Bitcoin and police brutality are two words you wouldn't expect to see next to each other.
Even the most ardent crypto enthusiast could not have predicted that Bitcoin (BTC) would become the centre of conversations in protests against police brutality. It wasn't meant to happen.
The Feminist Coalition has been one of the leading voices in the EndSARS protests— helping with raising funds and organizing protests across the country. The group primarily raised money using traditional bank accounts and a Flutterwave link. Bitcoin donations were also available via Sendcash but they were not the main focus as most of the donors are based in Nigeria. Some dollar donations were also made through Cash App:
Just to clarify you can still donate after 11pm today! I will be donating once or twice a day. Thank you all for your help! #EndSarsNow— Angie #EndSARS (@AngEverAfter) October 9, 2020
It was going according to plan until the morning of Tuesday, October 13, when the Flutterwave link used for donating to the Feminist Coalition went dead. At the same time, the group raised concerns about restrictions on their bank accounts. Immediate suspicion of government action to financially muzzle protesters filled social media spaces.
Moves to create alternate funding routes became a priority and the first option was Bitcoin. Cryptocurrency in general, has individual freedom at the centre of its innovation, so it shouldn't have been much of a surprise.
The emergence of bitcoin as the preferred means of donation led to a spike in Twitter mentions. The cryptocurrency broke into the top ten of Twitter's regional trend table later that day with over 142k tweets.
Usership of Bitcoin in Nigeria has been steadily growing since its entrance in 2016. The country's young population, in a bid to beat the constant inflation of the Naira, are increasingly using bitcoin for transactions.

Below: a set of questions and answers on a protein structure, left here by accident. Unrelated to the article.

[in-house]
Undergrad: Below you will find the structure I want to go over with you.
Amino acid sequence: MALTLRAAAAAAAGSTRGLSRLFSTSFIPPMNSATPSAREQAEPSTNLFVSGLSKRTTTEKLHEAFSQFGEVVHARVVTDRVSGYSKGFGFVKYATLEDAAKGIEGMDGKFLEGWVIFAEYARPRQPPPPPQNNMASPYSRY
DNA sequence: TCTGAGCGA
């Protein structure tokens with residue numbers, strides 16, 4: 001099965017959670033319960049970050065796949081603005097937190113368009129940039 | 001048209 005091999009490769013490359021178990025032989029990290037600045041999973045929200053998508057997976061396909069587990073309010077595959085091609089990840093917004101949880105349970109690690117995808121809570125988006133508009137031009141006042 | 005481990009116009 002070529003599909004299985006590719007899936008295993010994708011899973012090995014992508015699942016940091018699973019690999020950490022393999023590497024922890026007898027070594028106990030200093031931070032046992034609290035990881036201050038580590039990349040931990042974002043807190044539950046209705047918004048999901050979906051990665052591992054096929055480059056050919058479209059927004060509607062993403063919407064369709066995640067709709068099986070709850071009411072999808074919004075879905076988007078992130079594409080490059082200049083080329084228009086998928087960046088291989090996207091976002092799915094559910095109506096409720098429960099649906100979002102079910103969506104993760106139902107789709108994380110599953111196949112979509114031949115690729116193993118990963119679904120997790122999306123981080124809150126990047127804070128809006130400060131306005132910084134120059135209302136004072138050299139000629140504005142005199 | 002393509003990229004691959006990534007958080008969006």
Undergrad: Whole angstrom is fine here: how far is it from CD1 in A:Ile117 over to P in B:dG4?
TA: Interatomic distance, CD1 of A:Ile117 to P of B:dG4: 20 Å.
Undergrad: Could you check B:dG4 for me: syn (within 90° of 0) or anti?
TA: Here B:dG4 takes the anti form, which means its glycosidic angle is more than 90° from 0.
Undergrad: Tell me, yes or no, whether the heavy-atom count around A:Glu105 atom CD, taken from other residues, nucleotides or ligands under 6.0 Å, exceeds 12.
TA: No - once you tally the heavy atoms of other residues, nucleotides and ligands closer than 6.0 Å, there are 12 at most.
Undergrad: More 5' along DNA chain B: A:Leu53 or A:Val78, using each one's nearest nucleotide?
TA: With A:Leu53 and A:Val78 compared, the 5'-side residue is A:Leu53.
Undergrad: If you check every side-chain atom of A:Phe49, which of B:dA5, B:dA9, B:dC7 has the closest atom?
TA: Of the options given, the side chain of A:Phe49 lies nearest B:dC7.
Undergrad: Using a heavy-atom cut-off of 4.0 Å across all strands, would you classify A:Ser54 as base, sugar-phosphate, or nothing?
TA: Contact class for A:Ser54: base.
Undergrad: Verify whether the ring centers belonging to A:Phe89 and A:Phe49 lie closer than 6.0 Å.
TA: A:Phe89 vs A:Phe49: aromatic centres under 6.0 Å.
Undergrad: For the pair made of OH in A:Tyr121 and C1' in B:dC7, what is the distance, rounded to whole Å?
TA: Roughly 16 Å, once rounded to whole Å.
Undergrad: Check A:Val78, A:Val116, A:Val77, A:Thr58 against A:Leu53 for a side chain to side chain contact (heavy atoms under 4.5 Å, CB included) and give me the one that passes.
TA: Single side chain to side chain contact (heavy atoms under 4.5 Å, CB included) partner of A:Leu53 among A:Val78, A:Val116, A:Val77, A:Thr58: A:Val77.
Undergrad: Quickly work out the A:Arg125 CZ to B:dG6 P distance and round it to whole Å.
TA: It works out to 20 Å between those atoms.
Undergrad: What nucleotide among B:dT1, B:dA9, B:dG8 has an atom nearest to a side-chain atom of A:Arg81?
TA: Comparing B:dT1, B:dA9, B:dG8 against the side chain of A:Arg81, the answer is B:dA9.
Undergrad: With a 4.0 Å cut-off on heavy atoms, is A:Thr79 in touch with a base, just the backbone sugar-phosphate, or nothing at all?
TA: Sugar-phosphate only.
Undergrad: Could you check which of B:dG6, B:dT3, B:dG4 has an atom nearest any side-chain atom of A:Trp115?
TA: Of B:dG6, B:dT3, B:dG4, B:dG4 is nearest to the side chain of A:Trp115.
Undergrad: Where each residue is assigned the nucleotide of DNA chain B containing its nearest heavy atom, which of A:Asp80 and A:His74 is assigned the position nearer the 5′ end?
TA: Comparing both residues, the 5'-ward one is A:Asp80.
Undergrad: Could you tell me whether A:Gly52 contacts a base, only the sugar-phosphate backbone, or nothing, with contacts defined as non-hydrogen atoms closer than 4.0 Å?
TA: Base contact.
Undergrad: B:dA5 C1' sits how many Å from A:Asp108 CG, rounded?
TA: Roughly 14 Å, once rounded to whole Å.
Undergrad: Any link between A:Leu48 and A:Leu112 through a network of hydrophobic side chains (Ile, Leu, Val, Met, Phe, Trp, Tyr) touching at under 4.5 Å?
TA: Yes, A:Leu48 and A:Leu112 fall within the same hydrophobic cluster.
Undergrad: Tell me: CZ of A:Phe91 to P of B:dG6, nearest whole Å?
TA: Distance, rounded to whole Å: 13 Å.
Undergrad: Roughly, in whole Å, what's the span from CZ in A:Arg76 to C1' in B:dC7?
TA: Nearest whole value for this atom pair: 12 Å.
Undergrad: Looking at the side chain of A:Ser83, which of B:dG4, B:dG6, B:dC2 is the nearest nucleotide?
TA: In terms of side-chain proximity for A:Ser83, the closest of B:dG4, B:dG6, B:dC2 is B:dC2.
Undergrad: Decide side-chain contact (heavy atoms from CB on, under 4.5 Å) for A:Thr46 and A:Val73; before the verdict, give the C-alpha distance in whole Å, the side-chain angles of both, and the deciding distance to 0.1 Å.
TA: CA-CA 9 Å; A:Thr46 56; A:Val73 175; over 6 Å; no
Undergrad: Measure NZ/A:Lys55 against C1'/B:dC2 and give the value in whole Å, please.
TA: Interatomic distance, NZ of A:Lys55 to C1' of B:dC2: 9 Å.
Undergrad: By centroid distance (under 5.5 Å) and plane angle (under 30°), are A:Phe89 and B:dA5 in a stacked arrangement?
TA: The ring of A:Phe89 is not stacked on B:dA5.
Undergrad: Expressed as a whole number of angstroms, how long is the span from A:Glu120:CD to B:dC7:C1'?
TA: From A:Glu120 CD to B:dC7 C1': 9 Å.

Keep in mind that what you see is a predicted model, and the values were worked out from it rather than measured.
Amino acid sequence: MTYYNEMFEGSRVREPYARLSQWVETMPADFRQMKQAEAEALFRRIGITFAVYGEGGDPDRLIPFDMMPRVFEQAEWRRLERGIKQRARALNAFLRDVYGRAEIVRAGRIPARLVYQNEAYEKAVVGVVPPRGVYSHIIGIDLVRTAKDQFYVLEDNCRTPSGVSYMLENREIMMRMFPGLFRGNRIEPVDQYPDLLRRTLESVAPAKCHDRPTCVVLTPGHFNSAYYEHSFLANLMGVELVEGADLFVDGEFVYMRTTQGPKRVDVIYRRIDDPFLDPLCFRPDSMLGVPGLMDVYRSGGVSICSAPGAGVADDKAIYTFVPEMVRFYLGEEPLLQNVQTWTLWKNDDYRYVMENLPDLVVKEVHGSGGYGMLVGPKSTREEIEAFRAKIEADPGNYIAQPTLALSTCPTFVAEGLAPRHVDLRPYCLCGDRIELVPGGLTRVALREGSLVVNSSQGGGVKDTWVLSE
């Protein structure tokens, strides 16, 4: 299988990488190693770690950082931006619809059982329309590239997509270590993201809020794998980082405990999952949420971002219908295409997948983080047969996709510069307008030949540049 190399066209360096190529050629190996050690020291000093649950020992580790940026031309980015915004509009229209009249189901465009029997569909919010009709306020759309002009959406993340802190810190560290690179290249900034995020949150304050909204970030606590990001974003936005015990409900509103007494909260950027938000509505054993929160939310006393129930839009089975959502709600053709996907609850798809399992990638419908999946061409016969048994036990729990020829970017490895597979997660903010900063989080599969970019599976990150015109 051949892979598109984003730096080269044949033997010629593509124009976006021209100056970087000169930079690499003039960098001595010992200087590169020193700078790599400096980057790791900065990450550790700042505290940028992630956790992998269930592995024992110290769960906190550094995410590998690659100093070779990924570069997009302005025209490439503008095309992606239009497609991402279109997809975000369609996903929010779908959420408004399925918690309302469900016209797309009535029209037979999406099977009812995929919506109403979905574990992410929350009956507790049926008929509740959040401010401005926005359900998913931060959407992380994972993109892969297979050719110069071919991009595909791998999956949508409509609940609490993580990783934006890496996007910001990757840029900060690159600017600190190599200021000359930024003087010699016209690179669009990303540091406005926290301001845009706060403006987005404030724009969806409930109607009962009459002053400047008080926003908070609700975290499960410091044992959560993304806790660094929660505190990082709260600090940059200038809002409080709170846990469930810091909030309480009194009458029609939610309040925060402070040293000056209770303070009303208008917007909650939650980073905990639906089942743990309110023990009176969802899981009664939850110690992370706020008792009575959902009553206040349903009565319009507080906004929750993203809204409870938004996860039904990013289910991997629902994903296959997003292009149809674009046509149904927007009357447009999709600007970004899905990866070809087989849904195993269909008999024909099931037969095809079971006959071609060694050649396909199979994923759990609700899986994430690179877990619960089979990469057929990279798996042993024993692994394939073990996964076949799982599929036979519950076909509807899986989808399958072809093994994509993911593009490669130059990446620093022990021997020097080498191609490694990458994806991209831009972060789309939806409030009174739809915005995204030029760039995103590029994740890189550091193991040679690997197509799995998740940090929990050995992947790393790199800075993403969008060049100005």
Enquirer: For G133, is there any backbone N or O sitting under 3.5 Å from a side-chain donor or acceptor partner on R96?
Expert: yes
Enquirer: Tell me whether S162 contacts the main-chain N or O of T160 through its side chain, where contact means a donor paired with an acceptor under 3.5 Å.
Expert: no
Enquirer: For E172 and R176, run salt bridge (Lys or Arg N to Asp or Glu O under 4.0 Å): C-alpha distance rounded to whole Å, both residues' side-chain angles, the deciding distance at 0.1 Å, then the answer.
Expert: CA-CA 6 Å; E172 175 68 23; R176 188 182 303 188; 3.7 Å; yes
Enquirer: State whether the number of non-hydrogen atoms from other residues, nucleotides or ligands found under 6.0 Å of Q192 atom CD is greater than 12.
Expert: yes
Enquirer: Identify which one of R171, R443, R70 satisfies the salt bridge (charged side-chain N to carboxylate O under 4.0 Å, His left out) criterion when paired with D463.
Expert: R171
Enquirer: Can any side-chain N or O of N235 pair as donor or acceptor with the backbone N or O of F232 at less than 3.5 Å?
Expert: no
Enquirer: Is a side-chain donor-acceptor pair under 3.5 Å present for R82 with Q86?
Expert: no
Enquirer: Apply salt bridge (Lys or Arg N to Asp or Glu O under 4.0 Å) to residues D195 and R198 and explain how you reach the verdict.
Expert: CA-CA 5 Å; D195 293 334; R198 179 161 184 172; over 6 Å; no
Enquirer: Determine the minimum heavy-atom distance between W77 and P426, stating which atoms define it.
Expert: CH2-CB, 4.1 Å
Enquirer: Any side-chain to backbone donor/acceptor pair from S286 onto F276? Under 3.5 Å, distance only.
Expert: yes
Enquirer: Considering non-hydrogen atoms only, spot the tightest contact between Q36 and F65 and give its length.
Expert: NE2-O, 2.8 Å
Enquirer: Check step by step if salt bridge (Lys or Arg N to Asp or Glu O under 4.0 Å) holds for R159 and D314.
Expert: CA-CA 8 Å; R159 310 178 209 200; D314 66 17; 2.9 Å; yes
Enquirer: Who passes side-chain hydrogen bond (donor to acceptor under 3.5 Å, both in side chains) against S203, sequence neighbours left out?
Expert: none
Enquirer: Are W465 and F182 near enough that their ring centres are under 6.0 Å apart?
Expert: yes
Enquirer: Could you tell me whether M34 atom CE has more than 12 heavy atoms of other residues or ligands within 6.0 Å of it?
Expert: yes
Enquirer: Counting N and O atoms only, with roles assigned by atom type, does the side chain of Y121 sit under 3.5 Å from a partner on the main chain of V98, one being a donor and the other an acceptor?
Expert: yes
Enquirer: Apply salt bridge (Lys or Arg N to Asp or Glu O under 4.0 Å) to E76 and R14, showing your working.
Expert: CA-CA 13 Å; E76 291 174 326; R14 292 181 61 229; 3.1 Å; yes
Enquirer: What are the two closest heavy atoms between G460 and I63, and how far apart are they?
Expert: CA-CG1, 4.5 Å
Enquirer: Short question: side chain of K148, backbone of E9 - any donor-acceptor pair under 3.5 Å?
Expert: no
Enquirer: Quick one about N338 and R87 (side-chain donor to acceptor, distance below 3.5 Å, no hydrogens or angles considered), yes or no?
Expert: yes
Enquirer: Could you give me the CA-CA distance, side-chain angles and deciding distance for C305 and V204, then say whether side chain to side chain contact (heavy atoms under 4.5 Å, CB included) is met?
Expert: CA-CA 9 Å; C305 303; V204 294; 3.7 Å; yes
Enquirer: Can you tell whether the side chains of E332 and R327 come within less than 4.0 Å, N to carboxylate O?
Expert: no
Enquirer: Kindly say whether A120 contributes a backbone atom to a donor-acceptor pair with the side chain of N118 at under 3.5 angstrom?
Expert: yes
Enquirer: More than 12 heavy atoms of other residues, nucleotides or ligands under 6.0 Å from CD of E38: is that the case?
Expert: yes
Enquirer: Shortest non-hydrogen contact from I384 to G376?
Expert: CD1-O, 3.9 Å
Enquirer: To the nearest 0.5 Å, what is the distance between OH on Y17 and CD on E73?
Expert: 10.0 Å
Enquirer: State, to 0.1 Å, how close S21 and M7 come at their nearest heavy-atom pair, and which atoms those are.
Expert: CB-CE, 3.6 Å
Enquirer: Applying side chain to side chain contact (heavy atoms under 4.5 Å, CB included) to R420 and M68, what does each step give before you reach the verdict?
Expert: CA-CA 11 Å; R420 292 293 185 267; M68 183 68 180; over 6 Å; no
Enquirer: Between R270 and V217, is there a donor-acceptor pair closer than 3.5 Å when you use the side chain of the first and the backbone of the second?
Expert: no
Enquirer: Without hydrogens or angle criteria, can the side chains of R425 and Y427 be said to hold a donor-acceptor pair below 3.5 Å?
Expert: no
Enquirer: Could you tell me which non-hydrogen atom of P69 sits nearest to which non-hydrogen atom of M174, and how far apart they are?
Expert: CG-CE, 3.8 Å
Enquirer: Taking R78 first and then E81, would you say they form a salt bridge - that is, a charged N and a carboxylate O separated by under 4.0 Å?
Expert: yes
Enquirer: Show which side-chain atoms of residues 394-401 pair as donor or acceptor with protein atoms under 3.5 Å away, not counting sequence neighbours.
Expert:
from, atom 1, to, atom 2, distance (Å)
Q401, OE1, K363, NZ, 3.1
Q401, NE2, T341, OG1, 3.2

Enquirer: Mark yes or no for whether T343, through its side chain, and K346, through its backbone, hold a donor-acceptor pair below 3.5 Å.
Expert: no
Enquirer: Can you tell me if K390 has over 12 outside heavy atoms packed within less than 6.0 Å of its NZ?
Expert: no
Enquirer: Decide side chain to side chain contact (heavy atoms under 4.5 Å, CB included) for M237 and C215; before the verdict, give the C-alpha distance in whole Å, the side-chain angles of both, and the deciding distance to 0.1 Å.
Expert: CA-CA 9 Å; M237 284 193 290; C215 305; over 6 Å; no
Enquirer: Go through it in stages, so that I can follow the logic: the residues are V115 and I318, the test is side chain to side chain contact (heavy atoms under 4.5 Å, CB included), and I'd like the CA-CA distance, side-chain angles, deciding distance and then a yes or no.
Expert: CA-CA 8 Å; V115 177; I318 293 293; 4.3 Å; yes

The growth in use is evidenced by the many bitcoin exchange platforms that have sprung up in the country. These platforms mostly make use of peer-to-peer (p2p) transactions to allow users buy and sell bitcoin in Nigeria.
According to Q2 2020 reports from Usefultulips which were cited in Nairametrics, Nigeria leads Africa in p2p transactional trades. The value of p2p BTC transactions in Nigeria are more than double those of second-placed country — South Africa.
In addition, Bitcoin is built to be censorship resistant. Users can hold or sell whenever they want without third-party authorisation or interference. It has proven immensely helpful for users that perform international transactions, whether they're paying or receiving. As expected, it also proved efficient in opening up donation lines again.
Jack's helping hand
Things got even better when Jack Dorsey, founder and CEO of Twitter, waded into the EndSARS protests by tweeting about it. In a short thread giving publicity to the ongoing protest, Jack referred to the BTC address of the Feminist coalition as the place to make donations.
That mention sparked an influx of visitors to the organization's website alongside a spike in donations. The website even went down temporarily due to the traffic from Jack's tweets.
Three days later, the Flutterwave link is still out of commission and more bank accounts linked to protests are allegedly being shut down. The Feminist Coalition has also moved to exclusively using bitcoin for all its donations.
We're moving to only accepting donations in Bitcoin using BTC Pay. BTC Pay is a free, secure, decentralized and censorship-resistant platform, which makes it our best option, given the past few days #EndPoliceBrutalityinNigeria— feministcoalition (@feminist_co) October 15, 2020
Please donate here: https://t.co/FvsEKetUL9
According to their most recent progress report, the organization has raised 1.28827988 BTC (~N6.670m) — the highest amount raised in any currency apart from Naira.
The fight for an end to police brutality is creating two winners – young people waking up to their rights, and the blockchain economy which is an embodiment of the change they're fighting for.